Of stums that I burned to Friendship and Pleasure and Work and Fight.
And I turn my eyes to the future that Maggie and I must prove,
But the only light on the marshes is the Will-o'-the-Wisp of Love.
Will it see me safe through my journey or leave me bogged in the mire?
Since a puff of tobacco can cloud it, shall I follow the fitful fire?
Open the old cigar-box — let me consider anew —
Old friends, and who is Maggie that I should abandon you?
A million surplus Maggies are willing to bear the yoke;
And a woman is only a woman, but a good Cigar is a Smoke.
Light me another Cuba — I hold to my first-sworn vows.
If Maggie will have no rival, I'll have no Maggie for Spouse!
See Wikisource for the full text of Departmental Ditties; and The New Readers' Guide to the works of Rudyard Kipling, a superb collection of texts and concordance on the works of Kipling.
Another interesting Kipling quotation from the same collection is:
The toad beneath the harrow knows
Exactly where each tooth-point goes.
The butterfly upon the road
Preaches contentment to that toad.
It's a very dark commentary on those who comment on suffering without engaging directly. The toad and harrow is an ancient metaphor, dating at least as far back as the fables of Odo of Cheriton (see The Harrow and the Road). Kipling's poem, however, is a more specific dig at the Pagett, M.P. of the title, who thinks the climate of India is an "Asian Solar Myth" until he experiences it. The kipling.org.uk commentary on the Kipling story The Enlightenments of Pagett, M.P. gives some suggestions as to the identity of Pagett.
It's interesting to see, pre-Internet, how rapidly attribution could be lost and become extremely difficult to trace. With this poem from an 1886 collection, as soon as July 1907 Notes & Queries featured a question from a John Pickford of Newbourne Rectory, Woodridge, asking about the origin of the toad-and-harrow quatrain, which had appeared in uncredited in an article by "A Looker-On", The White Man and the British Empire, in Macmillan's Magazine for February 1907. Similarly, The American Missionary, v. 68 - 1914, reproduced it credited as "Old Song". At times I wonder which is more hassle: pre-Internet when attribution could take years to trace; or post-Internet when attribution is easy to find, but buried in a mass of misattribution?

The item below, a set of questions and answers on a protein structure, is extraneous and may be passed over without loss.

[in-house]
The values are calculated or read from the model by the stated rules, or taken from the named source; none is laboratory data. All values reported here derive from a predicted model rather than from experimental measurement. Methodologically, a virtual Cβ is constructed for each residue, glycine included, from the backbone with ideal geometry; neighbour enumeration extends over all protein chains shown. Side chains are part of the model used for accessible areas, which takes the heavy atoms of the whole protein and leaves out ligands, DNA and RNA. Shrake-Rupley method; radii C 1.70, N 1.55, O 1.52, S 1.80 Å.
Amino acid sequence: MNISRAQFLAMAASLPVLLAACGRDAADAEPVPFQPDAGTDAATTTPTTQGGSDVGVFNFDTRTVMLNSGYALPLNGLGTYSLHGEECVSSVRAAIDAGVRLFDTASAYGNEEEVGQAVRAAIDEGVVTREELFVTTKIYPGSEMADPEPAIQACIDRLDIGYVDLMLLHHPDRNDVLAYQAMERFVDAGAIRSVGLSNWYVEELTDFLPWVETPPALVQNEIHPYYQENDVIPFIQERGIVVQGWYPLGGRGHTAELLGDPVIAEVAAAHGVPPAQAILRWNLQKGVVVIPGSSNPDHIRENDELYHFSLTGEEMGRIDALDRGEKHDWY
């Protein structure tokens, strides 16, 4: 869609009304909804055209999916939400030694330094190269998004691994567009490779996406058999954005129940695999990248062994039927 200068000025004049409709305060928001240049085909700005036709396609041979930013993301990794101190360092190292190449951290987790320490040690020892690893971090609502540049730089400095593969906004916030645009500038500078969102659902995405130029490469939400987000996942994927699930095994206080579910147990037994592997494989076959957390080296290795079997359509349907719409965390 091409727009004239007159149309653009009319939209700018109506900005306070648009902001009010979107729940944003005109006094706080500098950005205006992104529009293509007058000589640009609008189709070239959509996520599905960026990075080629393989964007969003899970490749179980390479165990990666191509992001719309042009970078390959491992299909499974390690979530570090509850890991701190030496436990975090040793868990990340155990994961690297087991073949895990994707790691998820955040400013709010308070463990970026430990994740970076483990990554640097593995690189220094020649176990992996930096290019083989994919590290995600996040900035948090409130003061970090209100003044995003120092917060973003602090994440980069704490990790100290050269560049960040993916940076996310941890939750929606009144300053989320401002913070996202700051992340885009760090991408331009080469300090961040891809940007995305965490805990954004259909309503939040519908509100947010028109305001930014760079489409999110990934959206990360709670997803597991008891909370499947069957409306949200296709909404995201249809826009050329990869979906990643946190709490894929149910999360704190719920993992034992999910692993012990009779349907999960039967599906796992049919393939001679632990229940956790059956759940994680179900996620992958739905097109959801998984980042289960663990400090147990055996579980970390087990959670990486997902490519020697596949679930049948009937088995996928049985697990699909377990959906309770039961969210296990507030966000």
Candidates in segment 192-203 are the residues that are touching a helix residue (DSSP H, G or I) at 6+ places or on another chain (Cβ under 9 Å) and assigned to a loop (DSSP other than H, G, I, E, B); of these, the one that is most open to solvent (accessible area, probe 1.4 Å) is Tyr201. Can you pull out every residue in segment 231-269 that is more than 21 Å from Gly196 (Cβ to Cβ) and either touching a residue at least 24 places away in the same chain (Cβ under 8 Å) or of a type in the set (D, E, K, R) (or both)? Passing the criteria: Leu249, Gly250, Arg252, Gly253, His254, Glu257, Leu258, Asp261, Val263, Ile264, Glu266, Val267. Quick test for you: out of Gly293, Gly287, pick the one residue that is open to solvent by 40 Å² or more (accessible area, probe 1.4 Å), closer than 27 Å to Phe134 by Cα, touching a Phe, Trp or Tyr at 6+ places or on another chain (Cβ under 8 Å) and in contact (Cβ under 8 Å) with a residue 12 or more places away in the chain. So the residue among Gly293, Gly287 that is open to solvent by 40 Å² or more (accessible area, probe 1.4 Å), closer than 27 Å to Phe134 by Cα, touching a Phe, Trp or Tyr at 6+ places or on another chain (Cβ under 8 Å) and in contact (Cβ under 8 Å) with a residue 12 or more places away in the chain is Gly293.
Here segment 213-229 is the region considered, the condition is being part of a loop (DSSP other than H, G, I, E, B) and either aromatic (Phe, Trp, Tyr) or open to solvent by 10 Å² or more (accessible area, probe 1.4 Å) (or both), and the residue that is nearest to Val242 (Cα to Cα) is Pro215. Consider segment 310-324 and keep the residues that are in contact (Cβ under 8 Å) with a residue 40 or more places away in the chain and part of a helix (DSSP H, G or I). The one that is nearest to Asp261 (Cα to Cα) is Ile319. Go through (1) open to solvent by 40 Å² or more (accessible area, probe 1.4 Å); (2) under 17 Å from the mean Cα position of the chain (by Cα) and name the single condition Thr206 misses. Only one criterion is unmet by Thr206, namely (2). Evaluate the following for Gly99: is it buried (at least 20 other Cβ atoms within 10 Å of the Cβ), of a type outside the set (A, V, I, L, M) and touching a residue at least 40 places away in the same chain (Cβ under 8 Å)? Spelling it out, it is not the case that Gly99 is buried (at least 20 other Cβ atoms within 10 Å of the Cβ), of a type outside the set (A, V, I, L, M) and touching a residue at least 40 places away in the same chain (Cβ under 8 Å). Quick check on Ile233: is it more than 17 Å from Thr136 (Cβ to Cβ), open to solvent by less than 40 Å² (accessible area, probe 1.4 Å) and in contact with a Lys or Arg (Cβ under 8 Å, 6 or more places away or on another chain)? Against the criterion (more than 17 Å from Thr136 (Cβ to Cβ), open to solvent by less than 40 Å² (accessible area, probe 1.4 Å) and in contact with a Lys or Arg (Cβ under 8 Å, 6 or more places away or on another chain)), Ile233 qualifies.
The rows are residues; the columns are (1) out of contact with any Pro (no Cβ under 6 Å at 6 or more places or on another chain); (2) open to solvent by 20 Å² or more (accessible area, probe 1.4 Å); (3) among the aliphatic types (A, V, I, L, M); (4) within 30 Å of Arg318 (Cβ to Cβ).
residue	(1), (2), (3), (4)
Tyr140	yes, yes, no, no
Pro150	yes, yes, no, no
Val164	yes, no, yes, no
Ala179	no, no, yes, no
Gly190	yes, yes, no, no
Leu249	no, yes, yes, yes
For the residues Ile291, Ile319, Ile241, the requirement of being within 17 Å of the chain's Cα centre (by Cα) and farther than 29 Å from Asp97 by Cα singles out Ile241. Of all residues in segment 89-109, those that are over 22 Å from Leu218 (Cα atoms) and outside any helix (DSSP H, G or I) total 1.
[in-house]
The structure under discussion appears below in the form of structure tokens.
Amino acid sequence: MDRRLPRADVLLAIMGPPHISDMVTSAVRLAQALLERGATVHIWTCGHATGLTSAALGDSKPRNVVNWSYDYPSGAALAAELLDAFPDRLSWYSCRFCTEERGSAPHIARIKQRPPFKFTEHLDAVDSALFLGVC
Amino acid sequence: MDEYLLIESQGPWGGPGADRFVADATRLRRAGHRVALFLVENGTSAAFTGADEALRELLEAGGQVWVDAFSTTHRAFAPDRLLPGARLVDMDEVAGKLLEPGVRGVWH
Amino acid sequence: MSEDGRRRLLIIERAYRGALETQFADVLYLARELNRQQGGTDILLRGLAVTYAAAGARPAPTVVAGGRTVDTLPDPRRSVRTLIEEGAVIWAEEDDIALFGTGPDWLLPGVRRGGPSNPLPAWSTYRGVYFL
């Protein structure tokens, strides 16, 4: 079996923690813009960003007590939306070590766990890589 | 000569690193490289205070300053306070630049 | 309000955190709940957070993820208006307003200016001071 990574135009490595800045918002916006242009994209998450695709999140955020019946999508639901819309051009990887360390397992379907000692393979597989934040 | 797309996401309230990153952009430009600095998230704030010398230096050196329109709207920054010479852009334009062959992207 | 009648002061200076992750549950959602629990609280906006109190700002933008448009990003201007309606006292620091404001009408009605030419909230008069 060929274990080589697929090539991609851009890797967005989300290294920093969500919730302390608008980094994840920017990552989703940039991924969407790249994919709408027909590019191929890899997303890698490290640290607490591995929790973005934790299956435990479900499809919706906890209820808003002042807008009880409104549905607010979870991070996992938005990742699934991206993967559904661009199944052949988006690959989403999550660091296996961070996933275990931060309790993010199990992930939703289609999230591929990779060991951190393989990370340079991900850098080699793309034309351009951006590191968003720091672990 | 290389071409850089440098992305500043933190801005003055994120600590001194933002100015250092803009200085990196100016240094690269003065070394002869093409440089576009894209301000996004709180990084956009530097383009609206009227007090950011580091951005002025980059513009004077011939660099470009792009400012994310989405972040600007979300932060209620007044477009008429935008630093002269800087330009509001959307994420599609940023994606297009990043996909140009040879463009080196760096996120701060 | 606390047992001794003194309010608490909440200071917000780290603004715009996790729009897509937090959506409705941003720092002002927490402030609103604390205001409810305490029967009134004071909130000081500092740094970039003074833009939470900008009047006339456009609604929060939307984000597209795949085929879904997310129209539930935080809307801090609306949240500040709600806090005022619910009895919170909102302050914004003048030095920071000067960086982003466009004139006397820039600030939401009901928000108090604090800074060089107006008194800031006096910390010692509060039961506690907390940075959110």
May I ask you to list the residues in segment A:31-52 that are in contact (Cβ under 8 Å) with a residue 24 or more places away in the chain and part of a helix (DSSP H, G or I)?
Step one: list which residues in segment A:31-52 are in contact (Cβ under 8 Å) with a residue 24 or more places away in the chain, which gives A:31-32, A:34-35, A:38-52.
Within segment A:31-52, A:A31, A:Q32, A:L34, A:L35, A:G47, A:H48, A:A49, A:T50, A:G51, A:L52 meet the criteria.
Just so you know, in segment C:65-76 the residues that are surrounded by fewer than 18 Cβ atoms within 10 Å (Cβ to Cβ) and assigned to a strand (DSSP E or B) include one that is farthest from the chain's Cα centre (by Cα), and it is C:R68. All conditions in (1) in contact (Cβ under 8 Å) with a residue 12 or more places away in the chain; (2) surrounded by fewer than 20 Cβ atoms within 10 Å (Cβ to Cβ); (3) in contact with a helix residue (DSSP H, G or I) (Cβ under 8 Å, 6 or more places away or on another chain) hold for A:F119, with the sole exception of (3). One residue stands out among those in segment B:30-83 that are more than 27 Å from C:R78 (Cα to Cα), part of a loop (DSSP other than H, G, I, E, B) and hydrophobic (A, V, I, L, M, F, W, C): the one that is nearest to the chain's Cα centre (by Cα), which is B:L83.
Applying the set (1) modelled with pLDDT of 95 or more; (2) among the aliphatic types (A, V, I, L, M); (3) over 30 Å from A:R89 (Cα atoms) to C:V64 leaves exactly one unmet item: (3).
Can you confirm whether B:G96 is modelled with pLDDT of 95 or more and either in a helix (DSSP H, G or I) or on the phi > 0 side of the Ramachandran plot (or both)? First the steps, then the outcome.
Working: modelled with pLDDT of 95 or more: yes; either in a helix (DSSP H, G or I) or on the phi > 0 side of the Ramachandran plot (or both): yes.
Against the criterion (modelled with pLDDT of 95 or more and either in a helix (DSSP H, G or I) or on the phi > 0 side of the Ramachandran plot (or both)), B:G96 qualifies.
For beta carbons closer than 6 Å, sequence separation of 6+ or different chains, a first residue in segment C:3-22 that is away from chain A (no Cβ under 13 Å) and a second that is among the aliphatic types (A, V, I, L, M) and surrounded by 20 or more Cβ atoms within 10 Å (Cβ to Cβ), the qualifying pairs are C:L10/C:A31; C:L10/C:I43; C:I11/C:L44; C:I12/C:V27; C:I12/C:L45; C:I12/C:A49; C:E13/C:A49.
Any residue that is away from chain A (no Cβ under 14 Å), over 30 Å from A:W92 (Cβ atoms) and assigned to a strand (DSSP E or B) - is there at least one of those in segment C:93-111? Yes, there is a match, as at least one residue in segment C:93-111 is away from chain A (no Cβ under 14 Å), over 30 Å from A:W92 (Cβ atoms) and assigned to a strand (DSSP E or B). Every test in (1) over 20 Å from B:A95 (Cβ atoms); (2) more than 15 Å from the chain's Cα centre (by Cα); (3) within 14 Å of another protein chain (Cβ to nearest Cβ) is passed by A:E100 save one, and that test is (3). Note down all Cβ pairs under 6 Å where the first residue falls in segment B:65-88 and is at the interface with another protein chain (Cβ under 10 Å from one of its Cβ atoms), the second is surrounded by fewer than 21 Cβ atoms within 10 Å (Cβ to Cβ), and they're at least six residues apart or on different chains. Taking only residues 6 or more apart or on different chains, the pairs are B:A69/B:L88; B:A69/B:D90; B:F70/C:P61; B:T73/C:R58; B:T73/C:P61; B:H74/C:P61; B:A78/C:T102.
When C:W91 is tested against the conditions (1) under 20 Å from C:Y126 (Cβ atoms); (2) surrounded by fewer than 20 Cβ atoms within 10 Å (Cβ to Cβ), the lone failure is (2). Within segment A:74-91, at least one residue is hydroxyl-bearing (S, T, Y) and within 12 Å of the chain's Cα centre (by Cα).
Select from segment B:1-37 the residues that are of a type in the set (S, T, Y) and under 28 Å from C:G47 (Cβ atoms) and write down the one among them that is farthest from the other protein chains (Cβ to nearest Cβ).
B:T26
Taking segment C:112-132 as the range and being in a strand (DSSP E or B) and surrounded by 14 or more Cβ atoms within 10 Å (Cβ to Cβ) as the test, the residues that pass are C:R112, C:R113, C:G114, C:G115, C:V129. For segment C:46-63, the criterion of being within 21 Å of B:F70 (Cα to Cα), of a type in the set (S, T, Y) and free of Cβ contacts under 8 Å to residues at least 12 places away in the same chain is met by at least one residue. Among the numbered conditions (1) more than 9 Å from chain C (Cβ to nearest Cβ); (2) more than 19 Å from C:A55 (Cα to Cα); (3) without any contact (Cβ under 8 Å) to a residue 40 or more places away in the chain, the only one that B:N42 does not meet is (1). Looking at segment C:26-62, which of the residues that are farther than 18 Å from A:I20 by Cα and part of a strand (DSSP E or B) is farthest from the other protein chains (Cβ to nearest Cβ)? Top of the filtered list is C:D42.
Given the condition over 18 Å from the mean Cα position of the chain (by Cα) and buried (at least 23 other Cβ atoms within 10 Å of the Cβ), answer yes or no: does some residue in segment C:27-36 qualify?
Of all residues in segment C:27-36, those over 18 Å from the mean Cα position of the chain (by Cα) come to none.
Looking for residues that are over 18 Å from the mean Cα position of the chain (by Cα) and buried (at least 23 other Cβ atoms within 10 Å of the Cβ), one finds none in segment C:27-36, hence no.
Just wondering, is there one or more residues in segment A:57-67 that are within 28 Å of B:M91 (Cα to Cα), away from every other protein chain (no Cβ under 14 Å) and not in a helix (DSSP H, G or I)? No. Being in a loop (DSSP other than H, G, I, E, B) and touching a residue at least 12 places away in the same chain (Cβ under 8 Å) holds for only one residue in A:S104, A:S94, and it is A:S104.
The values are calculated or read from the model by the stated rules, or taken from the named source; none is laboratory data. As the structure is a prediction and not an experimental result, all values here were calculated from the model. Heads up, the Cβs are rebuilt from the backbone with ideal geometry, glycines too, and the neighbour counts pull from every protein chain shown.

"Literature, from the very beginning, has had a single enemy, and that is the restriction of the expressed idea. It turns out, however, that freedom of expression sometimes presents a greater threat to an idea, because forbidden thoughts may circulate in secret, but what can be done when an important fact is lost in a flood of impostors, and the voice of truth becomes drowned out in an ungodly din? When that voice, though freely resounding, cannot be heard, because the technologies of information have led to a situation in which one can receive best the message of him who shouts the loudest, even when the most falsely?"
That one's not Kipling, but Stanislaw Lem, His Master's Voice.